But somewhere down the line, thoughtful yoga teachers begin to wonder what more they can offer the world beyond teaching 60 minute group classes. They notice that many students struggle with the poses or ask for help with injuries and realize that the ‘group-fitness’ model of teaching yoga isn’t working for lots of people. Including them.

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16 Sep
Posted by Nikola Ellis

Yoga mantras for healing

 

 

Are mantras part of your mediation practice? You don’t have to be a great singer to chant mantras (you can even recite them silently) and once you get the hang of it, you'll be blown away by how powerful they are.

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09 Aug
Posted by Nikola Ellis

why your relationship with food is messed up - and how yoga can help

Do you have a healthy relationship with food? I don’t mean ‘do you eat healthy food’?  I mean can you just get on with the business of eating without worrying about weight gain/loss, cutting out certain types of food or restricting what and when you eat? Many ‘healthy’ women constantly monitor and control their food intake and intuitive eaters are hard to find.

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10 Jul
Posted by Nikola Ellis

7 WAYS TO teach ACCESSIBLE yoga for ALL BODIES.

I received an email recently from a woman called Michelle asking if yoga could help her with insomnia. When I called her to explain how yoga can help manage sleep disorders, she replied “That's great! I've got a couple of kilos to lose and then I’ll sign up.”

Happily, I managed to persuade Michelle that fitness levels and body weight have nothing to do with being able to practice yoga and she started enjoying the benefits of yoga straight away. Michelle is not alone in thinking that yoga is only for fit, slim, bendy people – that’s certainly how it often appears in the media. One of the problems with media images of super flexible yogis doing advanced poses is that many people think “I’ll try yoga when I’m thinner/fitter” or even worse, “yoga’s not for me”.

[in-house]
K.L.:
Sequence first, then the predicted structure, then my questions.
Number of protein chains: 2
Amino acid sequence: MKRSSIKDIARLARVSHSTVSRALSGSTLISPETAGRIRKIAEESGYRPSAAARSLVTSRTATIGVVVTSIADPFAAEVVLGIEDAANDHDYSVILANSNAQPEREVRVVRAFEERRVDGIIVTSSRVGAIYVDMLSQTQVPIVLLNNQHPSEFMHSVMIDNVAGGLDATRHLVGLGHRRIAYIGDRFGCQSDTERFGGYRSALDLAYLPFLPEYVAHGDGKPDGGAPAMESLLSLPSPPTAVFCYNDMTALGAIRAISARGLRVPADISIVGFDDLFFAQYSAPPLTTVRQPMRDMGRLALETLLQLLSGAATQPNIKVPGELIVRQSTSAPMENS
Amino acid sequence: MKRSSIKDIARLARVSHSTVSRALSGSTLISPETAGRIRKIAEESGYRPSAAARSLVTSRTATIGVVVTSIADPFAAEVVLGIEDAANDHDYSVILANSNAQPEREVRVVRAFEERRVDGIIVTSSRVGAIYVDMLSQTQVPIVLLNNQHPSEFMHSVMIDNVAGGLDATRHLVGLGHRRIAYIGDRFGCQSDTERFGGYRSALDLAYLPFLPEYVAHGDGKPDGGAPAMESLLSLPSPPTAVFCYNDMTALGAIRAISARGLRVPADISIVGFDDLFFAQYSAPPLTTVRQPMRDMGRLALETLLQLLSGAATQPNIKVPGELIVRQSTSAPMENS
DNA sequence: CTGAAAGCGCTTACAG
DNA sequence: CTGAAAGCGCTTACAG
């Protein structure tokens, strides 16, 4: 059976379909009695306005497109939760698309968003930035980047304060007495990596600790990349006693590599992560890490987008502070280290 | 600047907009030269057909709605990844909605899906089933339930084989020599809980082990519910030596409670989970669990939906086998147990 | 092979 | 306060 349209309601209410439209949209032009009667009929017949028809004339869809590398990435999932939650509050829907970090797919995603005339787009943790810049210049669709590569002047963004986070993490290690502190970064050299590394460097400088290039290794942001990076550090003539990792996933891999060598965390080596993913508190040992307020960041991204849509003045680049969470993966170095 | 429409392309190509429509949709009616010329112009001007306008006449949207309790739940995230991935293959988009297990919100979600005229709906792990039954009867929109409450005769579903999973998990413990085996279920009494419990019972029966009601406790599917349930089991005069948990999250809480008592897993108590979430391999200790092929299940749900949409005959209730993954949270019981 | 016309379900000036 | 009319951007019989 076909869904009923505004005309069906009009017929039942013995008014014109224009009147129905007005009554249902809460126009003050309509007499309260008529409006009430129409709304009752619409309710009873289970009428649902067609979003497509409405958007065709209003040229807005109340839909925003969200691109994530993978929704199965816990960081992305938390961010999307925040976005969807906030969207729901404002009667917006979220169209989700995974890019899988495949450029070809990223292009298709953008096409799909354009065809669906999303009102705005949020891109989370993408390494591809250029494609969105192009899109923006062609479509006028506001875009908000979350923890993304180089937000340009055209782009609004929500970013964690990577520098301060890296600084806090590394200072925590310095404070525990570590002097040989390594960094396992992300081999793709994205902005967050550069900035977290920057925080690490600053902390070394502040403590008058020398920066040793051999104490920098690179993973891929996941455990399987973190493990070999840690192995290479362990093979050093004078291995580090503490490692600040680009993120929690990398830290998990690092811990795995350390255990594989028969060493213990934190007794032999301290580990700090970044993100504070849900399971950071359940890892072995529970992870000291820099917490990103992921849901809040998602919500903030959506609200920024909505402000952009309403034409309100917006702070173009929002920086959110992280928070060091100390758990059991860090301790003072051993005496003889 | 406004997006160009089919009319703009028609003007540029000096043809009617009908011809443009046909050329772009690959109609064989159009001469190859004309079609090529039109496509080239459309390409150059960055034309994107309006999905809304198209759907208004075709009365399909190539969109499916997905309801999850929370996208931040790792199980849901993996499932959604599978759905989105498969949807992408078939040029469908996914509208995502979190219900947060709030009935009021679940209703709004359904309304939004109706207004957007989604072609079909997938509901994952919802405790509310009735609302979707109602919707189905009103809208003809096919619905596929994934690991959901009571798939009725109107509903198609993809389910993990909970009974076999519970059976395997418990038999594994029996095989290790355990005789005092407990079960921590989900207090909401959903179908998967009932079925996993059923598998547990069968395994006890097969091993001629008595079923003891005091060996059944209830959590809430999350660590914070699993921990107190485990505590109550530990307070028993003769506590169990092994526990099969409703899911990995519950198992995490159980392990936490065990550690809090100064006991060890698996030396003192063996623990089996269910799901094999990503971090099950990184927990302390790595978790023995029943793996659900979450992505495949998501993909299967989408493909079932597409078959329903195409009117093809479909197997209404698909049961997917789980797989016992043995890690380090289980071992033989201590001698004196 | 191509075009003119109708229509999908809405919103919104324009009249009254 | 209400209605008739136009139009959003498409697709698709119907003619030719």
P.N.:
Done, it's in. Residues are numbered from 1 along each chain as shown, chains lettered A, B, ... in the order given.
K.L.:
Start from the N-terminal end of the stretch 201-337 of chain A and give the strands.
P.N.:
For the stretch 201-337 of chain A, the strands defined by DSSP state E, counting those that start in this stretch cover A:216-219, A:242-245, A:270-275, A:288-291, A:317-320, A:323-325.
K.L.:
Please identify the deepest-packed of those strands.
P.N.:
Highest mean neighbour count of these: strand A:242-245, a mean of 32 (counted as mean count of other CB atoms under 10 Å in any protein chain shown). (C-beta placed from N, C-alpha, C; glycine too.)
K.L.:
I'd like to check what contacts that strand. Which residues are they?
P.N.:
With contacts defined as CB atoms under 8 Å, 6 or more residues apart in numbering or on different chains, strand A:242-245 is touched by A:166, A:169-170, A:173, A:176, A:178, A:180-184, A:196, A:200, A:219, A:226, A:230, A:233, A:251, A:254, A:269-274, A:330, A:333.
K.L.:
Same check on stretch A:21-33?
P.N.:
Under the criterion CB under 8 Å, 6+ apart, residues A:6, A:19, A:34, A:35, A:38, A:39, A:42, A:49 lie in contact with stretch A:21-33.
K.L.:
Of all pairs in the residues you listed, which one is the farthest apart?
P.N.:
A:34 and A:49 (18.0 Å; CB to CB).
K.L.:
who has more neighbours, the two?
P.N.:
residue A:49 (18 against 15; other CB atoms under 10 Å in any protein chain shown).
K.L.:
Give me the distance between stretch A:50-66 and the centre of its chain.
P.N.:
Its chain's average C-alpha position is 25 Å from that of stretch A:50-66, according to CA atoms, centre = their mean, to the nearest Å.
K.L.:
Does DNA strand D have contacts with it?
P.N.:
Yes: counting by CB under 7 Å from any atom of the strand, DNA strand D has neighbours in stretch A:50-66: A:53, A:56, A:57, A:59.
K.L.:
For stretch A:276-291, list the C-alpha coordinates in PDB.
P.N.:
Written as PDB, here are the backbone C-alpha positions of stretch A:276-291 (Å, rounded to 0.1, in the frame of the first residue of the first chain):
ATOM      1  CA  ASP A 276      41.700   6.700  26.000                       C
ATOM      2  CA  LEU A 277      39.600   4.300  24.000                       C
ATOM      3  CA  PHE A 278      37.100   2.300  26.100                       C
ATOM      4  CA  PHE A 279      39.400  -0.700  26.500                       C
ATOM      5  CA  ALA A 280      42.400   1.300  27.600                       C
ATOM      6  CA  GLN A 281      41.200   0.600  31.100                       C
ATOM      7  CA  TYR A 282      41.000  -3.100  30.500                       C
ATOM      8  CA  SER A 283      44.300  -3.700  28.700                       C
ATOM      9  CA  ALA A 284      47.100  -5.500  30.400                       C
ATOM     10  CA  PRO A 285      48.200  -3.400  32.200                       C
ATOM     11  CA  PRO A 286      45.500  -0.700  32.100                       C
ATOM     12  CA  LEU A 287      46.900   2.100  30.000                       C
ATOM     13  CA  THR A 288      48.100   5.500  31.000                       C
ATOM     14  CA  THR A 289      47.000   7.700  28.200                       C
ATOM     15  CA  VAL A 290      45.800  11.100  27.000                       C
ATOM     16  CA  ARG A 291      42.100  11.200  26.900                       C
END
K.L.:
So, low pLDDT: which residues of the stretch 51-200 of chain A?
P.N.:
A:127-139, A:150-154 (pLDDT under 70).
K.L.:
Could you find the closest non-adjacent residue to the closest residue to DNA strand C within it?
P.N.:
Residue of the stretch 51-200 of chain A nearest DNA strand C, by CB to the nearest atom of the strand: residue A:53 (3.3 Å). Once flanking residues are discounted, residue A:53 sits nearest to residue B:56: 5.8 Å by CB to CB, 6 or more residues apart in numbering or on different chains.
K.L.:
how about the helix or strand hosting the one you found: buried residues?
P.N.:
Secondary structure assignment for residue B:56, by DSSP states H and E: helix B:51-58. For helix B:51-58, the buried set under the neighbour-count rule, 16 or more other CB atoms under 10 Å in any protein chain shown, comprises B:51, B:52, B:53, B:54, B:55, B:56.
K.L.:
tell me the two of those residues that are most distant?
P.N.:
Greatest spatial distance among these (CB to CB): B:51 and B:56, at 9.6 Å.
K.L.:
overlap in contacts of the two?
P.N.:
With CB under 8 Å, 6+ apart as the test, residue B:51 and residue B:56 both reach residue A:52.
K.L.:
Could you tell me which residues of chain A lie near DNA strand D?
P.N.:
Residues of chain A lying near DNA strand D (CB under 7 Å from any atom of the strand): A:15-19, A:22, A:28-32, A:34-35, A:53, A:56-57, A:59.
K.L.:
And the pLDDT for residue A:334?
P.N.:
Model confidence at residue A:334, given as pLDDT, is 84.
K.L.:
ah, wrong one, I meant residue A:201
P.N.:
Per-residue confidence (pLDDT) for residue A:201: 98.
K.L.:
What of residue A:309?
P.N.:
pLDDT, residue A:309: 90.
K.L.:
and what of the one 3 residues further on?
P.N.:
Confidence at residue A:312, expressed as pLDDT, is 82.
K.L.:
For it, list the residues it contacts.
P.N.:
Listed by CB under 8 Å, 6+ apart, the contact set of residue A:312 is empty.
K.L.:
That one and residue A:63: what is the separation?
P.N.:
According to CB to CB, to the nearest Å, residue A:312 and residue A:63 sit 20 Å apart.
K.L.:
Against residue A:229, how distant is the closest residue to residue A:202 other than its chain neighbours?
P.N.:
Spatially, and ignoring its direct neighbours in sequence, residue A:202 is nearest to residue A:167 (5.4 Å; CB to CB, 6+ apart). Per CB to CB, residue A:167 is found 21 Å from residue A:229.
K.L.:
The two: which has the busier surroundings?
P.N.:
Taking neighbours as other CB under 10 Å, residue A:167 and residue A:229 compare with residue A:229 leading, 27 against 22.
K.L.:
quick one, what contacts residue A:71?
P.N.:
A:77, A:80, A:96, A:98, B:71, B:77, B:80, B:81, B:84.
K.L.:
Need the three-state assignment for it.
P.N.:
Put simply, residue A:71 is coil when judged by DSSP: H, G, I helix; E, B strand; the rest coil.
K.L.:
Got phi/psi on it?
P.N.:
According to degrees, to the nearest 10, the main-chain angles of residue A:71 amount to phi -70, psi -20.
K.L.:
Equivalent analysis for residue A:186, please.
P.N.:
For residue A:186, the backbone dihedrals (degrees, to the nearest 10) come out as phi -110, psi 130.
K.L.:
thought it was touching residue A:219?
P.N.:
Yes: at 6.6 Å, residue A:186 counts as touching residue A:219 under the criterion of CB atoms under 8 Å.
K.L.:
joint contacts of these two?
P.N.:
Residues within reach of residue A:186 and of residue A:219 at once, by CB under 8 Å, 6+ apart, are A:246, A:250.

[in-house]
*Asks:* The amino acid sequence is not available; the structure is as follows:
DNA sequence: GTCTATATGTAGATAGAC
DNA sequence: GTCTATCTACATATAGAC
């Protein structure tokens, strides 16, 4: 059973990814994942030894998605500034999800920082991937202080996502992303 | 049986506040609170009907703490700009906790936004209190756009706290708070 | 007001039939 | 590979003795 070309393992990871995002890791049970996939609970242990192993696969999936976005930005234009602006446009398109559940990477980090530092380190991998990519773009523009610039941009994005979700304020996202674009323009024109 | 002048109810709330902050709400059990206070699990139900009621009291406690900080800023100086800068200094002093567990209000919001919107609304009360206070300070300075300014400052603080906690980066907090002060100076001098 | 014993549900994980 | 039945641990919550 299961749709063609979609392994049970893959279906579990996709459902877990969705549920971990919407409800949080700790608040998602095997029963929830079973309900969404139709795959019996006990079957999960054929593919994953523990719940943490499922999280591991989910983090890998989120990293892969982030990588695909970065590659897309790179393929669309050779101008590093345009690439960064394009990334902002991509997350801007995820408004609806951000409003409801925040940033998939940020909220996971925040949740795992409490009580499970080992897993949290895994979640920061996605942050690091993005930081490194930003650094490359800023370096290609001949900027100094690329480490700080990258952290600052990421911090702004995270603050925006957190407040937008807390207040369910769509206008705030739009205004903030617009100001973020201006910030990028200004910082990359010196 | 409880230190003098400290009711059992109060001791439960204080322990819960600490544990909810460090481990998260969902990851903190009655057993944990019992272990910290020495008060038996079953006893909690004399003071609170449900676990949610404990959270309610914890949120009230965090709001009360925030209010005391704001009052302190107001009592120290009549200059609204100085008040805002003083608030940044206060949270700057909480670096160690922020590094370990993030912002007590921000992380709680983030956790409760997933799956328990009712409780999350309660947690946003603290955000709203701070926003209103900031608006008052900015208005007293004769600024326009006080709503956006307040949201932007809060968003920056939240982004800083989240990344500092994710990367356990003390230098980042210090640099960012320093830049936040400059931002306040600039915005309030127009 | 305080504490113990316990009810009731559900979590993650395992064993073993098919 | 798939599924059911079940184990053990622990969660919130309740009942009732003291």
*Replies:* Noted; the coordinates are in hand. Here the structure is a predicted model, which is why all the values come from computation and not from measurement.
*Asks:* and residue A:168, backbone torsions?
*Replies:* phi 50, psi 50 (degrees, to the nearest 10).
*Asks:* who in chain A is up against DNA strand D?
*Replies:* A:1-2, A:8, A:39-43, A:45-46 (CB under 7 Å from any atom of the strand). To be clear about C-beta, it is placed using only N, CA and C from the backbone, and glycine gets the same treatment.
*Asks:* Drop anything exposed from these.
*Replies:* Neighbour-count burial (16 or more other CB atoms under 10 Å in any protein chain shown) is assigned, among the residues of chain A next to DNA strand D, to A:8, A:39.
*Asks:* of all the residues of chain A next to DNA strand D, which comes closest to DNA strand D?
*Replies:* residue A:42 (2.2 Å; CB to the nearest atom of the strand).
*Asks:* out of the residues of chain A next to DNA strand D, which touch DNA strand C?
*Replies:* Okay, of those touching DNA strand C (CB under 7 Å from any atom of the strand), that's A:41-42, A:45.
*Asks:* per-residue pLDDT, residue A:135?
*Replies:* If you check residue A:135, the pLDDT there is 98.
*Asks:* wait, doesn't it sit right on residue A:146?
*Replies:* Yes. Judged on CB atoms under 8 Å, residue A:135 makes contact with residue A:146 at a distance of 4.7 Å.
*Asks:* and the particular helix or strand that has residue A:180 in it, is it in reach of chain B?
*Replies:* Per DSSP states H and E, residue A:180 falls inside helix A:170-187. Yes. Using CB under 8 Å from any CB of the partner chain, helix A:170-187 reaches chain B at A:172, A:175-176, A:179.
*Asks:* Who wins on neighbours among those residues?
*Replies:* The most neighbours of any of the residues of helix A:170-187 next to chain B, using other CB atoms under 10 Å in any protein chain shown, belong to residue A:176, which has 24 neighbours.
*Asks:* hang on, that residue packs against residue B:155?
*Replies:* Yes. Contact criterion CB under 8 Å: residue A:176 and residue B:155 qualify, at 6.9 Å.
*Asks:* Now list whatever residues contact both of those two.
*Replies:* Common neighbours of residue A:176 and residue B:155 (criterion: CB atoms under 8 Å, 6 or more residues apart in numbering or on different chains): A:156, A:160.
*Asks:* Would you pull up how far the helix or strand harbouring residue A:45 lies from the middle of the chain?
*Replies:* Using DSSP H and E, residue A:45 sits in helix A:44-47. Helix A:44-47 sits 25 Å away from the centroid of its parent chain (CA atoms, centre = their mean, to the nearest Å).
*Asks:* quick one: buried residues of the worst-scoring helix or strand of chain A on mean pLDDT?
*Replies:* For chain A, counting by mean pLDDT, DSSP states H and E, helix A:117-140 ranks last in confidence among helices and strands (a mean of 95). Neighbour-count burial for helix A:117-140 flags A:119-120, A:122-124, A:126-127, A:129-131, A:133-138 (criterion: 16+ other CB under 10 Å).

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10 Sep
Posted by Nikola Ellis

Yoga for Cancer Research Roundup

 

Does yoga really help people living with cancer? What does the research say? If you're going to teach or practice yoga in the hope that it can help students manage their cancer treatment, it's important to understand the evidence base. The Yoga for Cancer Research Roundup is a special report that highlights cutting edge research on yoga for cancer. 

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15 Aug
Posted by Nikola Ellis

Sequencing Yoga Classes, Yoga Therapy Style

Are you using those downloadable yoga class templates to prepare your class? You might be short-changing your students. While online templates can be inspiring, there are three good reasons not to use them:

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10 Aug
Posted by Nikola Ellis

Reducing cancer tumor growth with yoga

 

It’s well documented that yoga can help people with cancer manage many of the side effects of their treatment, from fatigue and inflammation to anxiety and quality of life. But can yoga actually reduce tumors?

 

New research on the effect of stretching on tumors is opening up new opportunities for yoga as a therapy in the treatment of cancer. Researchers at Brigham and Women's Hospital have completed pre-clinical trials that observed the effect of stretching on breast cancer tumors on mice. And the results are remarkable.